April 04, 2003

Okefenokee Journal Part II

image copyright Fred First

In the end, there were three of us on the trip... all of us, biology-types, and all Auburn grads. Mark and Darrel had been classmates, coming along about ten years after I left college. Mark had lived in the small Virginia town we left when I entered PT school. So had Darrel for a time; he managed a fish farm there, and was still in that line of work now in South Carolina where we were going to pick him up on our way south.

We'd be staying in a motel in Folkston the night we arrived, and heading out the next morning. Had to be on the water by 10:00, Park rules. It was hard knowing how to dress. You could see your breath when we put in, and there was a 10 mph northwest wind that mostly blew in the treetops, skirting over the top of the waterway. You had to assume that you might get wet and not be able to change for several hours, and dress accordingly. (Should have probably had a wetsuit, but I feared all I would have is wet clothes.) But it was also likely you'd be in full sun for several hours of the trip, and at mid-day, it might easily be in the low 70's on the water. It was hard knowing the right combination for warmth and for sun protection, without being too warm. As it turned out, I never even got my old tennis shoes wet, and a polypropylene T-shirt and nylon longsleeve shirt was just about right for most of the day.

We arrived at the park around 9:30 on Monday morning and began loading our gear in the canoes. Good Lord, we brought enough stuff to stay a month! Ice chest with steaks, chicken, beer. Gas grill, Coleman lantern, two-burner stove. Way too many changes of dry clothes. Mark would go solo and Darrel would take the second canoe, which we managed to fill to overflowing with our 'necessities'. As I had suspected, but had just confirmed with Mark, once we set off, we'd be stuck in the canoes all day: there is no dry land to stand on between the launch site and the platform in Chase Prairie where we would spend the night. The prospects of sitting with my knees six inches higher than my hips, fixed in this posture for eight hours and twelve water miles seemed a kind of self-imposed torture, and I prayed that I would not have leg cramps or back spasms, and that my shoulders would be able to do this thing unlike anything they had been called on to do for decades.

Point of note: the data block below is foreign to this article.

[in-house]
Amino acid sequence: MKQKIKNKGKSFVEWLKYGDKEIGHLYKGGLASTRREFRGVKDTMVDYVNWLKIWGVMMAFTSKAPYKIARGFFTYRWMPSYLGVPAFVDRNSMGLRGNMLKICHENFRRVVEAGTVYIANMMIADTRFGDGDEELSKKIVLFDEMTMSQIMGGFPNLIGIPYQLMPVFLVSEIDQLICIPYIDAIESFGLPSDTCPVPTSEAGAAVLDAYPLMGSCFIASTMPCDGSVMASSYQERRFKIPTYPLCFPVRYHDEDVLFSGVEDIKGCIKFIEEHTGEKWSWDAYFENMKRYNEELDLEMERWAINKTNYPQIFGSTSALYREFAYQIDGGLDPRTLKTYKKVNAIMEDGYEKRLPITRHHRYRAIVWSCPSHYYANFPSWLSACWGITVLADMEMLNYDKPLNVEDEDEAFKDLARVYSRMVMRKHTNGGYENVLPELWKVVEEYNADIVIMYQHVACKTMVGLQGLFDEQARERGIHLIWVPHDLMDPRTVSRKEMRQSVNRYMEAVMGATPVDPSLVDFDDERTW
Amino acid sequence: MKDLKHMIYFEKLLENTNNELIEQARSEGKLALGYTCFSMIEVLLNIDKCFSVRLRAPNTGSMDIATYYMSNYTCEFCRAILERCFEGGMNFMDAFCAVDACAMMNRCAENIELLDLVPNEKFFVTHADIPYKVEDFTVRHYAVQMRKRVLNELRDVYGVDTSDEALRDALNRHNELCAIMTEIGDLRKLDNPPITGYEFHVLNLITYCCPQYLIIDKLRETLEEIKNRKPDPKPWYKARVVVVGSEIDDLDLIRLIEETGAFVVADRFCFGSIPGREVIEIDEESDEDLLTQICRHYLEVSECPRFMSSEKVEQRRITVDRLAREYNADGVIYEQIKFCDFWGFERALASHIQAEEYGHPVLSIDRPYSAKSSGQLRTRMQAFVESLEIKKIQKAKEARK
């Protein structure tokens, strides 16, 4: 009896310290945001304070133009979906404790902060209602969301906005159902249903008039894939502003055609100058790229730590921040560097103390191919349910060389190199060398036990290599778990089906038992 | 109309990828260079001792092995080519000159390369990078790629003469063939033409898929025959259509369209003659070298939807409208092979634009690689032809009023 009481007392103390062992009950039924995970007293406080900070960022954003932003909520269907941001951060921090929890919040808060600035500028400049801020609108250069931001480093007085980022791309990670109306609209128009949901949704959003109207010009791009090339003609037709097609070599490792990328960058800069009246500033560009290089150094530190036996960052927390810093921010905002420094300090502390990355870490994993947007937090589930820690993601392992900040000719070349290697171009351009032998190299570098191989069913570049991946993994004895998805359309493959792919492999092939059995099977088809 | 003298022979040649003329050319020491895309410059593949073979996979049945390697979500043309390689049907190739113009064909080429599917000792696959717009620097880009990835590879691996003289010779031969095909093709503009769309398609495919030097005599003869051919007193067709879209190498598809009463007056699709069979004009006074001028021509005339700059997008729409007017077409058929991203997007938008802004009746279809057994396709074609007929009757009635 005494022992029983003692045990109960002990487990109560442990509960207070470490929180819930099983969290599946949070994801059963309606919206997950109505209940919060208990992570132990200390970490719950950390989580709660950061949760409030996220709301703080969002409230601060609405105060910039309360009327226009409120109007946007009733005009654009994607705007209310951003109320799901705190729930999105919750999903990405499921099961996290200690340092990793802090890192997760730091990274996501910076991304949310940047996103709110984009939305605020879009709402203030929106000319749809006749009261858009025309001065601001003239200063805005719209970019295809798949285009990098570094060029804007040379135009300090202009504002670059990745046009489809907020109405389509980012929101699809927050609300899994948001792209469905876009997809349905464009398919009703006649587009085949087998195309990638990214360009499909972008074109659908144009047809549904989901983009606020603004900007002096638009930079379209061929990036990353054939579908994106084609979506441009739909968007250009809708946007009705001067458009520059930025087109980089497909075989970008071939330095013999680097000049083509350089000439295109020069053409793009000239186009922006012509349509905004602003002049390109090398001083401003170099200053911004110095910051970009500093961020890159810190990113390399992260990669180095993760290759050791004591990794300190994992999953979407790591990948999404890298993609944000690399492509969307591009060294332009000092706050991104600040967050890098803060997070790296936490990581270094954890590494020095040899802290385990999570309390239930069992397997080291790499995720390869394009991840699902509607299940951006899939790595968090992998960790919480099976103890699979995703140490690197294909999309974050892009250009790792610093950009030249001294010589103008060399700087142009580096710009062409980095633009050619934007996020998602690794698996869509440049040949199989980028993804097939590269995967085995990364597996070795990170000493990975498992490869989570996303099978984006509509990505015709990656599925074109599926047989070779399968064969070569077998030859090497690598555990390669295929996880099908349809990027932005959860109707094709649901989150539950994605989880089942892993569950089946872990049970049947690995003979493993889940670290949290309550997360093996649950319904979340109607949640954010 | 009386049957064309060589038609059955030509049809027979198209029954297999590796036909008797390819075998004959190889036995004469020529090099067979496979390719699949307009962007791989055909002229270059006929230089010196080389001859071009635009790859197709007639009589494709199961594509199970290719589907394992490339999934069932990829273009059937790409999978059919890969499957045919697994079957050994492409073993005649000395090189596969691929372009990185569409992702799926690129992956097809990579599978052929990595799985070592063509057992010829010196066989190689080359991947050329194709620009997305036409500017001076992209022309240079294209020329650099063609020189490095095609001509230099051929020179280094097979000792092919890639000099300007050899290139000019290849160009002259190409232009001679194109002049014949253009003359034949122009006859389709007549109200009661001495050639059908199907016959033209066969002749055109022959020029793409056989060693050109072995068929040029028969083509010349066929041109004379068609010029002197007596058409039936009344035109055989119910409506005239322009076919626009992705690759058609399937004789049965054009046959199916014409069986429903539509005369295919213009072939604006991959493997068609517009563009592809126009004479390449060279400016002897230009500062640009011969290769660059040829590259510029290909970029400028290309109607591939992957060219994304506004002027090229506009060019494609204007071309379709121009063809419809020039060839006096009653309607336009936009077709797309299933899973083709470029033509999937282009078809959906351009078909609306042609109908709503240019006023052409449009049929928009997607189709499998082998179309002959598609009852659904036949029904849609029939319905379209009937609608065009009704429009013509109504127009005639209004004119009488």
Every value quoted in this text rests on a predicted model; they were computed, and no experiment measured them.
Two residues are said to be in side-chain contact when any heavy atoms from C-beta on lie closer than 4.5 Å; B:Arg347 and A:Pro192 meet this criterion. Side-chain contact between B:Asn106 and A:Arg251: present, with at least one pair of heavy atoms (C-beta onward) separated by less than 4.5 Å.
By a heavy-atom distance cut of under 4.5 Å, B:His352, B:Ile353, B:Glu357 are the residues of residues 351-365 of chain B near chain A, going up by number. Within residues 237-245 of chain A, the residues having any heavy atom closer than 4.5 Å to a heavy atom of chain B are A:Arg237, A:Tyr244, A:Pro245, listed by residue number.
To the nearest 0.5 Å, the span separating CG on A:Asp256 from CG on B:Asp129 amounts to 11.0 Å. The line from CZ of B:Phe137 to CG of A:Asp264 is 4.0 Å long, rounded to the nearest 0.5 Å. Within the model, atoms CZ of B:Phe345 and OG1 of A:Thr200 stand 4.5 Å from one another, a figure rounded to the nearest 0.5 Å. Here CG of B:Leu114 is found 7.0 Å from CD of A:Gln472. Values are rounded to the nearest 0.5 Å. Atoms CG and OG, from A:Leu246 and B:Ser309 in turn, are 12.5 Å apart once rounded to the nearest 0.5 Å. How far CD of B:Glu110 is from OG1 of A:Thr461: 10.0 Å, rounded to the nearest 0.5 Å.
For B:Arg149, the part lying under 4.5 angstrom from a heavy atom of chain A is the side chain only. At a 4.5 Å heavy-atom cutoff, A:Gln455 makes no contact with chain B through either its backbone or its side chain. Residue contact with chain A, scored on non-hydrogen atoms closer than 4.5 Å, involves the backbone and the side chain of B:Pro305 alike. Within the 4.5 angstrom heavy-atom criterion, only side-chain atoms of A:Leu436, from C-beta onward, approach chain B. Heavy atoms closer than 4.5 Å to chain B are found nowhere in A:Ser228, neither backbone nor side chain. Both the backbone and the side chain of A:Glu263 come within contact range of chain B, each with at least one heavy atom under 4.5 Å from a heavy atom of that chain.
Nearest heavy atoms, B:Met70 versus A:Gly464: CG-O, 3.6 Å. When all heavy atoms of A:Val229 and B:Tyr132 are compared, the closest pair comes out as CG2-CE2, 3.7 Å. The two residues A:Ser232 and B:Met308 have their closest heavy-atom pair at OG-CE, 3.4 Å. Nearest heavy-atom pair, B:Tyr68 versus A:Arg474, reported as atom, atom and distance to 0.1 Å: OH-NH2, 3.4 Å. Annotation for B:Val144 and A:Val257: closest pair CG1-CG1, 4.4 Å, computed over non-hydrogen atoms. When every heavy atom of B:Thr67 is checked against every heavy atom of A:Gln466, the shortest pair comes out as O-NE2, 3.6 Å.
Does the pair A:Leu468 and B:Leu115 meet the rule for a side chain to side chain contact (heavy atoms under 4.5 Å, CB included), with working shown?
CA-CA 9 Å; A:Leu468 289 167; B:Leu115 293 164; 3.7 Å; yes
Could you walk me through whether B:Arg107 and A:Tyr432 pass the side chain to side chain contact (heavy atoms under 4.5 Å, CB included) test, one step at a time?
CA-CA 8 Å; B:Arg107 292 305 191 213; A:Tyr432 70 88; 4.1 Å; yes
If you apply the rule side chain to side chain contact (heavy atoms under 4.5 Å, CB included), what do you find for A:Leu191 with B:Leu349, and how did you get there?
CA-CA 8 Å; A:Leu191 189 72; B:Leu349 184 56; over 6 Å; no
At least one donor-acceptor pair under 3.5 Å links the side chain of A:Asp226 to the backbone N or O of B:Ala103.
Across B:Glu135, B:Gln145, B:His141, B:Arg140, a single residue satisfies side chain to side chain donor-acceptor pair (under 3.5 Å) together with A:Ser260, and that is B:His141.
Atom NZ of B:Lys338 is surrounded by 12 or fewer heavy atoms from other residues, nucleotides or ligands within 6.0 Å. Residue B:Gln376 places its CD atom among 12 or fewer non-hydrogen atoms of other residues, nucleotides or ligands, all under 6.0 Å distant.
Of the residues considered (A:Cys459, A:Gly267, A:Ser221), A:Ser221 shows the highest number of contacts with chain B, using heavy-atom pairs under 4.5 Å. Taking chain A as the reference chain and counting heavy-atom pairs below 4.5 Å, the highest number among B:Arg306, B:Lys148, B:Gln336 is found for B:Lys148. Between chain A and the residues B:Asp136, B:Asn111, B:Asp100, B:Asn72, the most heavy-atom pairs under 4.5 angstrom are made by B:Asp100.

The moment of truth: I stepped into the bow of the boat, and sat down cautiously... way down... with my long legs frogged out in front of me. With the first motion of the canoe away from the shore, I remembered in a wave of vertigo just how much balance and quick reflex is required to keep a six-foot paddler inside the gunnels of the boat. I sank the paddle into the red water of the Suwanee Canal for the first time, making a long sweeping stroke. I couldn't help wondering how many digging motions that paddle would make before we returned to the launch on Wednesday afternoon. After the first mile, the worry changed to anticipation of all that we would see and hear in the next two days in the 'land of quaking earth' and I was free at last.

Posted by fred1st at April 4, 2003 08:25 PM | TrackBack

I'm still reading, but just had to comment on this one picture. It's gorgeous!

Posted by: deb at April 7, 2003 08:10 PM

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